Can You Guess The Accent?

by Kevin Jon Heller

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The Language Trainers Group has a great new on-line game: trying to guess what country 16 people with different accents are from.  It’s called, not surprisingly, Can You Guess Where My Accent Is From? I scored a 28 — a full 10 points higher than Blake Hounsell, who tipped me off to the game at FP Blog.

And yes, I could tell the difference between a Brit, a Kiwi, an Aussie, and a South African.  Seems I’ve learned something in my two years in the southern hemisphere…

4 Responses

  1. Drawn level with you at 28, with a great deal of blind luck.

    Is it really possible to exactly identify accents in non-native speakers of the same mother tongue? Argentina and Chile strike me as likely to be very similar.

    Also, there is no one Belgian accent, is there? I guess it would depend on whether someone’s first language is Dutch or French.

  2. I’m sure it is possible to some degree, although it’d take a great deal of familiarity with said countries.

    20 for me, too many of the European accents stumped me.

  3. Cool game!  I got a 20 – the European accents confused me, but surprisingly so did some of the English lang accents – my family is Canadian and I grew up with it, but I didn’t hear the Canadian accent.  

  4. I’ve always considered myself pretty good with accents and I scored significantly higher than the 28s mentioned here (to save embarrassment I won’t say how much though). I think it comes down to (a) natural ability and (b) exposure (which often comes from TV and Radio programming and also living abroad). For example, Americans tend not to be as exposed to non-American varieties of English on TV as people in other English speaking countries.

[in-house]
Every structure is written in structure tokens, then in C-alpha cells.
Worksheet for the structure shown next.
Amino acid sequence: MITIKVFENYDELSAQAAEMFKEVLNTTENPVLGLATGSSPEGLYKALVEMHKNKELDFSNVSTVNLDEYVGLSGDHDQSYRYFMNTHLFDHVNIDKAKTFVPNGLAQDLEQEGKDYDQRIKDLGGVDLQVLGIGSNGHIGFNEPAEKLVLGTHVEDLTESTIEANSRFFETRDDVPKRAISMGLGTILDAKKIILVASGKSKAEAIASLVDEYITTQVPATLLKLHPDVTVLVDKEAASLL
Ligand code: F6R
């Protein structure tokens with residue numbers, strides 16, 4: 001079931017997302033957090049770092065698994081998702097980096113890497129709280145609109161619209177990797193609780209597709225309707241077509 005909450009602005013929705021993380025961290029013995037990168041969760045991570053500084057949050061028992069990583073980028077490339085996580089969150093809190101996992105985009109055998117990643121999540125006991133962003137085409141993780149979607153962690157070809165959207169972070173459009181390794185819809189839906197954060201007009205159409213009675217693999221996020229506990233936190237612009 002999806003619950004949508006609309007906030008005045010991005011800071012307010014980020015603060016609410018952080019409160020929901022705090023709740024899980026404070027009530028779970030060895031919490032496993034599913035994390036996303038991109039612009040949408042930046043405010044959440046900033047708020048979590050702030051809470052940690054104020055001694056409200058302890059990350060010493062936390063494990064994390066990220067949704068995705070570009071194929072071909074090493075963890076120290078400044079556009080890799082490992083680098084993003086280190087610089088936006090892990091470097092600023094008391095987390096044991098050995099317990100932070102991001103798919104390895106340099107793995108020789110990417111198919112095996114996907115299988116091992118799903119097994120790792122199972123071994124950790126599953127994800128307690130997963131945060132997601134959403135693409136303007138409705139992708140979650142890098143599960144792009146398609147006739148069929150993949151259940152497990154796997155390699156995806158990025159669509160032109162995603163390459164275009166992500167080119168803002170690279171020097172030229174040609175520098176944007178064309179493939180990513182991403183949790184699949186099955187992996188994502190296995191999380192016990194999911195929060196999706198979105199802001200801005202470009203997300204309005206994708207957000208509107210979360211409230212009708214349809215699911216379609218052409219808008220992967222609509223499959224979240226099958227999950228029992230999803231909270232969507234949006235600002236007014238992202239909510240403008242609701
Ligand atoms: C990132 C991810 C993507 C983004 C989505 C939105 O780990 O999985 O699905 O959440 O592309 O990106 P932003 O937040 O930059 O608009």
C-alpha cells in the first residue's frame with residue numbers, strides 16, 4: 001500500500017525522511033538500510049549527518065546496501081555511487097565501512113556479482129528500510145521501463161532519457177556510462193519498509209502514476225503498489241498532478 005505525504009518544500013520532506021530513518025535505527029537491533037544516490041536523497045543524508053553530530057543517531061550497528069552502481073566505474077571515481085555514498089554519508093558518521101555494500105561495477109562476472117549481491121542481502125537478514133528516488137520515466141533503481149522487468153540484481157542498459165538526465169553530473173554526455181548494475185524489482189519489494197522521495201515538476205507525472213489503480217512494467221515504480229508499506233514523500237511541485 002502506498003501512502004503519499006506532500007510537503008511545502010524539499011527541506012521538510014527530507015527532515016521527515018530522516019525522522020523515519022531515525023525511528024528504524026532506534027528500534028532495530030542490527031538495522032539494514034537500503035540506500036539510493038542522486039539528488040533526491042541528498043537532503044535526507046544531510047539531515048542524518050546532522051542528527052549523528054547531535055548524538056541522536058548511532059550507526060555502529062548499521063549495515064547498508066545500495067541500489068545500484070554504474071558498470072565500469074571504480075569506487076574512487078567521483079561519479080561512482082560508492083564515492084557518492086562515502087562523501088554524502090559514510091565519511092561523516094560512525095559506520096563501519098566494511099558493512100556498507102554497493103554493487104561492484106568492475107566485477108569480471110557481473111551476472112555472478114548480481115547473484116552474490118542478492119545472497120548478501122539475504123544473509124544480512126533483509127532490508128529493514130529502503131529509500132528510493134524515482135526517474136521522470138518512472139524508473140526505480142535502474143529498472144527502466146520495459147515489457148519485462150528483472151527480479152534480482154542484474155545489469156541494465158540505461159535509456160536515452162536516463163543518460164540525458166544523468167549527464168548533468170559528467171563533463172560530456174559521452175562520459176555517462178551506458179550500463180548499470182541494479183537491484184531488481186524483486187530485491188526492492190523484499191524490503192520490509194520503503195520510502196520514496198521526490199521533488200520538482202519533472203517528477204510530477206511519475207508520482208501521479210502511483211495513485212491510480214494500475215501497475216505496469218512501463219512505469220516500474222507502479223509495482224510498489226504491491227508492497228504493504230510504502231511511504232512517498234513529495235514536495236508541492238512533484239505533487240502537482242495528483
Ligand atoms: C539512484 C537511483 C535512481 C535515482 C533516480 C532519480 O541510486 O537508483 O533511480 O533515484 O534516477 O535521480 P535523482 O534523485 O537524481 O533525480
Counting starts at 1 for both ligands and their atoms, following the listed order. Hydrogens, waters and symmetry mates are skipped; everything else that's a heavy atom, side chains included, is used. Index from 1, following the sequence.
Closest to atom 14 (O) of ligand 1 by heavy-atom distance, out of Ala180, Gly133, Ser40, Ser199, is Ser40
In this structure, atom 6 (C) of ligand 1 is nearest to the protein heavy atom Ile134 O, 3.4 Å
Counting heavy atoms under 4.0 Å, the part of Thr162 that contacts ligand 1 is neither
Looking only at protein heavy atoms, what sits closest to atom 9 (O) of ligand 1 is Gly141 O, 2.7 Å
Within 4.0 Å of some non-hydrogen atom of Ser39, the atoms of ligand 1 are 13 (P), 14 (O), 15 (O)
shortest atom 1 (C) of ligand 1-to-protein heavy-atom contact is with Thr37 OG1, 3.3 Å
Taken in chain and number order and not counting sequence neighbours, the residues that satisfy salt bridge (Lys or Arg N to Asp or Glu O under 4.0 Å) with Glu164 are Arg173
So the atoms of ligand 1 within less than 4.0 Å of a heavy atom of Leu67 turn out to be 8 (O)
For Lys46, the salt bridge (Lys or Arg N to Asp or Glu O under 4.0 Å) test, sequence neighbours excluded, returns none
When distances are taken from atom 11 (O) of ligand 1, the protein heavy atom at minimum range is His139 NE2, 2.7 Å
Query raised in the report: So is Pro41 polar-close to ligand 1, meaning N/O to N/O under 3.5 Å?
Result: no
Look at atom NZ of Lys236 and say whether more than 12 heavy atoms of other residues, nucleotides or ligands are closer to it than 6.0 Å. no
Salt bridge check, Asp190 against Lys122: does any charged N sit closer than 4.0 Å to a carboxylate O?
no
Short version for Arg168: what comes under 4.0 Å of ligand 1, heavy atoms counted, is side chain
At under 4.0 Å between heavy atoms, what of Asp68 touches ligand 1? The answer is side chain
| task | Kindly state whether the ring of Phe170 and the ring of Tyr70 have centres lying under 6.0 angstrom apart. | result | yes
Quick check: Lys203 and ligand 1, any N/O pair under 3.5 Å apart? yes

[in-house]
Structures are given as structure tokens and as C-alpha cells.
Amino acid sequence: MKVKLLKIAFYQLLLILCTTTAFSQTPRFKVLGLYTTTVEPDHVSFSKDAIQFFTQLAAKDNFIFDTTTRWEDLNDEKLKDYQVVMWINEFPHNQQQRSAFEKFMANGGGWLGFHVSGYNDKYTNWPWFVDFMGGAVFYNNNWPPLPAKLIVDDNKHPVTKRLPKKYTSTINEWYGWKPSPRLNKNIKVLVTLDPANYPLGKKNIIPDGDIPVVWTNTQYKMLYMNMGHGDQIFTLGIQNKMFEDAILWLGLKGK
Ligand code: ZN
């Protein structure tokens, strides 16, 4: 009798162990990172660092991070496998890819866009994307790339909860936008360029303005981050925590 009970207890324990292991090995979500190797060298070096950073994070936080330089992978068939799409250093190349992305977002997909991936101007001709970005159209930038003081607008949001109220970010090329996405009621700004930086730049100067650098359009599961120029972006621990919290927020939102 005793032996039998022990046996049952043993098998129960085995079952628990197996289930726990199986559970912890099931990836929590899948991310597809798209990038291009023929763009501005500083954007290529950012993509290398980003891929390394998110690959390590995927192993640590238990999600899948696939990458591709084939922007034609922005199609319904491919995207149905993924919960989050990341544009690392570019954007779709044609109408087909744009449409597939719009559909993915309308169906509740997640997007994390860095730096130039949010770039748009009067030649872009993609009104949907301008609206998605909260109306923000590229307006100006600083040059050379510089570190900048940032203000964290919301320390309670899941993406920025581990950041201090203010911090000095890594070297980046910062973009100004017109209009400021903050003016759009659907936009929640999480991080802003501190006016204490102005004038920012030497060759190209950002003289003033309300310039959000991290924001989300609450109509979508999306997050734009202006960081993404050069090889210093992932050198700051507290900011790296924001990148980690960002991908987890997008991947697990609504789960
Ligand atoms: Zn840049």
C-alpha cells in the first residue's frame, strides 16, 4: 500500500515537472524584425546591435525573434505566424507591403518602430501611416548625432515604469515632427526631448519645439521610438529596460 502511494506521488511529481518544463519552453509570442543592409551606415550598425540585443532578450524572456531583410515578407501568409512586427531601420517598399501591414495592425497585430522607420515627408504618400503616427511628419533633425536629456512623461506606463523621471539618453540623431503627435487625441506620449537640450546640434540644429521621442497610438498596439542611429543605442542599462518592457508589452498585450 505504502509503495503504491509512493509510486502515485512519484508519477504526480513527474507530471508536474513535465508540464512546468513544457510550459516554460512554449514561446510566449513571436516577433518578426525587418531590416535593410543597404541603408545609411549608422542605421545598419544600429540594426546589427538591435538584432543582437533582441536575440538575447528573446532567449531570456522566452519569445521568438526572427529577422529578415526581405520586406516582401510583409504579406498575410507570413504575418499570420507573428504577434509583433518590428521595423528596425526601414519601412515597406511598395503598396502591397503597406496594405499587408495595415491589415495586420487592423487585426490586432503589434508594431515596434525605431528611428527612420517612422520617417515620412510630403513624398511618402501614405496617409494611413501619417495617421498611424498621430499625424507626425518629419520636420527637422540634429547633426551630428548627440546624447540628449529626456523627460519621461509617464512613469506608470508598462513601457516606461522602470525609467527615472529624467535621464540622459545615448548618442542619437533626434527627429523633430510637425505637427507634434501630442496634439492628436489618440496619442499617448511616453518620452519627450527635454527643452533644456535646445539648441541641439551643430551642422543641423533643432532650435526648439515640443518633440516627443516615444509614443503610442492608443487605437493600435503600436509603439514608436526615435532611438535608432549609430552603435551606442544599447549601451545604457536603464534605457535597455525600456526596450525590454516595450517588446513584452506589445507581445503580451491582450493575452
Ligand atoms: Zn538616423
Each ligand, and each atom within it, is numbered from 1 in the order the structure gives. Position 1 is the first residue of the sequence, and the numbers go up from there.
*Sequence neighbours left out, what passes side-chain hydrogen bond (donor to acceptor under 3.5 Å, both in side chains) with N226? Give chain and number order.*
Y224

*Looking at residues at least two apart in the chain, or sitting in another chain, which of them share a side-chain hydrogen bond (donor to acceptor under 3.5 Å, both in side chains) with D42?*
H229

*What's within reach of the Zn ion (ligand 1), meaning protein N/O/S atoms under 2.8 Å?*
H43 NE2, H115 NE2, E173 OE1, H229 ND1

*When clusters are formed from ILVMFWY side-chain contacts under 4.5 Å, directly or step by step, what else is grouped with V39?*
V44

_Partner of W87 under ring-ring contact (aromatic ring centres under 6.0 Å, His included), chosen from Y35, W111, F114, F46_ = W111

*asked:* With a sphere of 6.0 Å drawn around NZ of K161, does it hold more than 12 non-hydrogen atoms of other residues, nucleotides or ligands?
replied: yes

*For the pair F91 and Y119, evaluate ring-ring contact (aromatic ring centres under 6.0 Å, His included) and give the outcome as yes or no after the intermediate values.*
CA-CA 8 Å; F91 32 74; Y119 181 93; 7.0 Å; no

I got all the Native English speakers right by country and mixed results on their regions. But it’s not always possible to pick someone’s region based purely on accent. I’m from Australia and obviously very familiar with Australian English but more often than not you can’t tell which part of Australia someone is from based purely on accent. While there are differences in accent, with a few notable exceptions they are generally not regional. As it happens I did get the one Australian right by region (but it was partly a lucky guess). I got all but one from the British Isles right by region (but then I’ve been living in this part of the world for a few years) and had mixed results with the North Americans. The one Canadian obviously sounded Canadian to me but I couldn’t tell which part of Canada he was from. With the Americans I got some right and some wrong and those I got right was more by way of an educated guess based on a process of elimination given a choice of places and rather than immediately recognising the accent as belonging to a particular region.

    The thing I found a bit unfair about the non-native speakers was that you had to guess the speaker’s country and not just his/her native language. With languages spoken in only one country (eg Hungarian) it is easy to guess which country the person is from. But with languages spoken in several countries (eg German, Spanish) guessing the country was much harder. Maybe if I had a bit more than two lines to go on I would do better at distinguishing between an Argentinean, a Chilean and a Spaniard or between an Austrian, a German and a Swiss German speaking English. (Of course if I had heard them speaking Spanish or German respectively it would have been much easier to pick the country).

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